DK: That’s lovely. And I know it’s not just you doing this because youre empowering all your little divisions and all your battalions and whatever you call them, sorry to be ignorant there. But I jumped on your site and I know you got a site and I’ll put up the link which lists actually all the social media spaces you and all your Army divisions are in. And I totaled them up, there’s 122 YouTube, there’s 266 twitter channels, there’s 205 Flickr accounts, and 930 Facebook pages. Now that is just awesome. And in terms of a number, I see a scale of that. and if youre a business entity and got all those subsidiaries if you like, how do you go about managing them in respect because you still, the buck stops with you guys because social media, youre heading that up.

SSG Dale Sweetnam: No absolutely. And in order to get on the social media directory that you referenced, we have some admission in our registration, our procedure essentially. And we have a standing operating procedure that goes through the details as to what a Facebook page, you know an Army Facebook page should look like or what a twitter page should look like. That way they have an opportunity to kind of put it in the right position and then submit it. Upon submitting it, we review and we make sure that they have a posting policy in place and we make sure that they have information or command information on place and make sure that there not making any tremendous mistakes as to some of their initial posts or things of that nature. So we clear it first and then the ads are taken down which is really important is we submit all these registrations to Facebook and they take the ads down off the side. Because as a government entity, we cant endorse any products. And then once that’s pulled down, it appears in our directory. And like you mentioned, yes, that is a substantial amount of Facebook pages, twitter accounts, Flickr pages, all that; there’s a lot out there. And again, being a five person staff, we’re not out there scrubbing it everyday to check to make sure that there aren’t huge mistakes and gaps. And that’s where the education comes in. Each week we produce a social media roundup. Essentially it’s a 15 slide PowerPoint presentation that goes into very specific detail of a social issue or a topic at hand. And we distribute that to all of the individuals that have registered their sites. So there is, it’s not just once they’re up there, we forget about them. It’s that once there up there, they’re continuing to get education information from the social media division so that maybe they’re making a mistake and we’re not aware of it. But the social media topic comes up and it’s addressed in the roundup and then they can adjust fire, make sure to make those changes. So where there’s not that constant interaction with the pages and us constantly looking at all 900 plus Facebook pages, there is an effort to continue to maintain contact with those individuals who are managing those sites.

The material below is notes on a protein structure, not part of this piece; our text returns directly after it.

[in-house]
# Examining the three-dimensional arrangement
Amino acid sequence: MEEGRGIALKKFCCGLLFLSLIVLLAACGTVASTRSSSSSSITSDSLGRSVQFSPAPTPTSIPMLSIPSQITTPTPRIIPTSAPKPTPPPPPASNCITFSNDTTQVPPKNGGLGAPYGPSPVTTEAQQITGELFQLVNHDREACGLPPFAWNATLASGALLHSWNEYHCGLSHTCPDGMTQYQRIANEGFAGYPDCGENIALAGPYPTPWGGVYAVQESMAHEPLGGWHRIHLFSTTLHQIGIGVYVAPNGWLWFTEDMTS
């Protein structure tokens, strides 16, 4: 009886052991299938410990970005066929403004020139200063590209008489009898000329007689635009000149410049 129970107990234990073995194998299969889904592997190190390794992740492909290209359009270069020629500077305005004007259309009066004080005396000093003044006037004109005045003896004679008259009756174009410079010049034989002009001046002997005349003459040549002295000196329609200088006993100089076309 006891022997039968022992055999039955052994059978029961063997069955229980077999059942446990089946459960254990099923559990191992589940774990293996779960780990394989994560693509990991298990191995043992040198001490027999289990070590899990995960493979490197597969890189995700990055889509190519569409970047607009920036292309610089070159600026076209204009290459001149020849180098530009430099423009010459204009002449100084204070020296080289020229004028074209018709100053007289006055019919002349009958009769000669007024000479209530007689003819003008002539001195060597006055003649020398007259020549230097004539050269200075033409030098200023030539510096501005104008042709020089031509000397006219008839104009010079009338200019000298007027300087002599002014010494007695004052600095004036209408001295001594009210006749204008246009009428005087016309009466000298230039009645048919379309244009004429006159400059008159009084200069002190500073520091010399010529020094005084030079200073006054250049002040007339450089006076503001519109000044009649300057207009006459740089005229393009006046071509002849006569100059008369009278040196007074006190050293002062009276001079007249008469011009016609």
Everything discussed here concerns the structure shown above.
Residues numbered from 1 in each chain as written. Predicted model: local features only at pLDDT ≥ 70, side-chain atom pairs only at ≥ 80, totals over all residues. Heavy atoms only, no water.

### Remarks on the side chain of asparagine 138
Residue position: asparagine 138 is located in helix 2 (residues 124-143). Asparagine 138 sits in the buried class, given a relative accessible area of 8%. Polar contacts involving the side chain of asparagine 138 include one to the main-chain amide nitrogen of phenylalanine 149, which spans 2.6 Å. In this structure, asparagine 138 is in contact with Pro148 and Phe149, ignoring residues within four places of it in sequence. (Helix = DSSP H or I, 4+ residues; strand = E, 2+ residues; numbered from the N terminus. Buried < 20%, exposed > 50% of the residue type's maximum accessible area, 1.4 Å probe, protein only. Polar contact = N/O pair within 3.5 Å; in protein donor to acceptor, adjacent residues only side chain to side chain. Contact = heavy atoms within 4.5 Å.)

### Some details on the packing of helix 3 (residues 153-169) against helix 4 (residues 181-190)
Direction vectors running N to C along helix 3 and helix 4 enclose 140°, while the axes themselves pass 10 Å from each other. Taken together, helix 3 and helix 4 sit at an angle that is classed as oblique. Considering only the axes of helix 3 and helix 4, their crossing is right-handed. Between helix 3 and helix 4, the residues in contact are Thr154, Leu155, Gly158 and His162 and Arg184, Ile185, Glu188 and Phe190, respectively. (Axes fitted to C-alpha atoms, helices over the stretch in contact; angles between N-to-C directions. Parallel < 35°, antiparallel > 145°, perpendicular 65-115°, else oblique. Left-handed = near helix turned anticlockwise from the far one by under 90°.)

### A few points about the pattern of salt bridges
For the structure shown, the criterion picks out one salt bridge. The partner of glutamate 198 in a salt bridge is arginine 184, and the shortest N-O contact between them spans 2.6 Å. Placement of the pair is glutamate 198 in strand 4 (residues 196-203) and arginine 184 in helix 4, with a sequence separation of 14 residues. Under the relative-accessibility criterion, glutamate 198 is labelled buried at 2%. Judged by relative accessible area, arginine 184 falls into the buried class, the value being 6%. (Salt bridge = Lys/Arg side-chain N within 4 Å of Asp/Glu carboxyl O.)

DK: Yes, it’s a nice little thing you got going there. And I’d love to ask you a question about the, almost the etiquette behind social. You know its conversational, its human, and I love in the handbook just to go back to that. You actually in the frequency, frequently asked questions, the FAQ at the back, you do say about mixing it up, having fun, being human. I’d love to get your take on how that does manifest itself, you know and some nice light hearted things coming out of, that you’ve seen on Flickr or whatever, YouTube channels.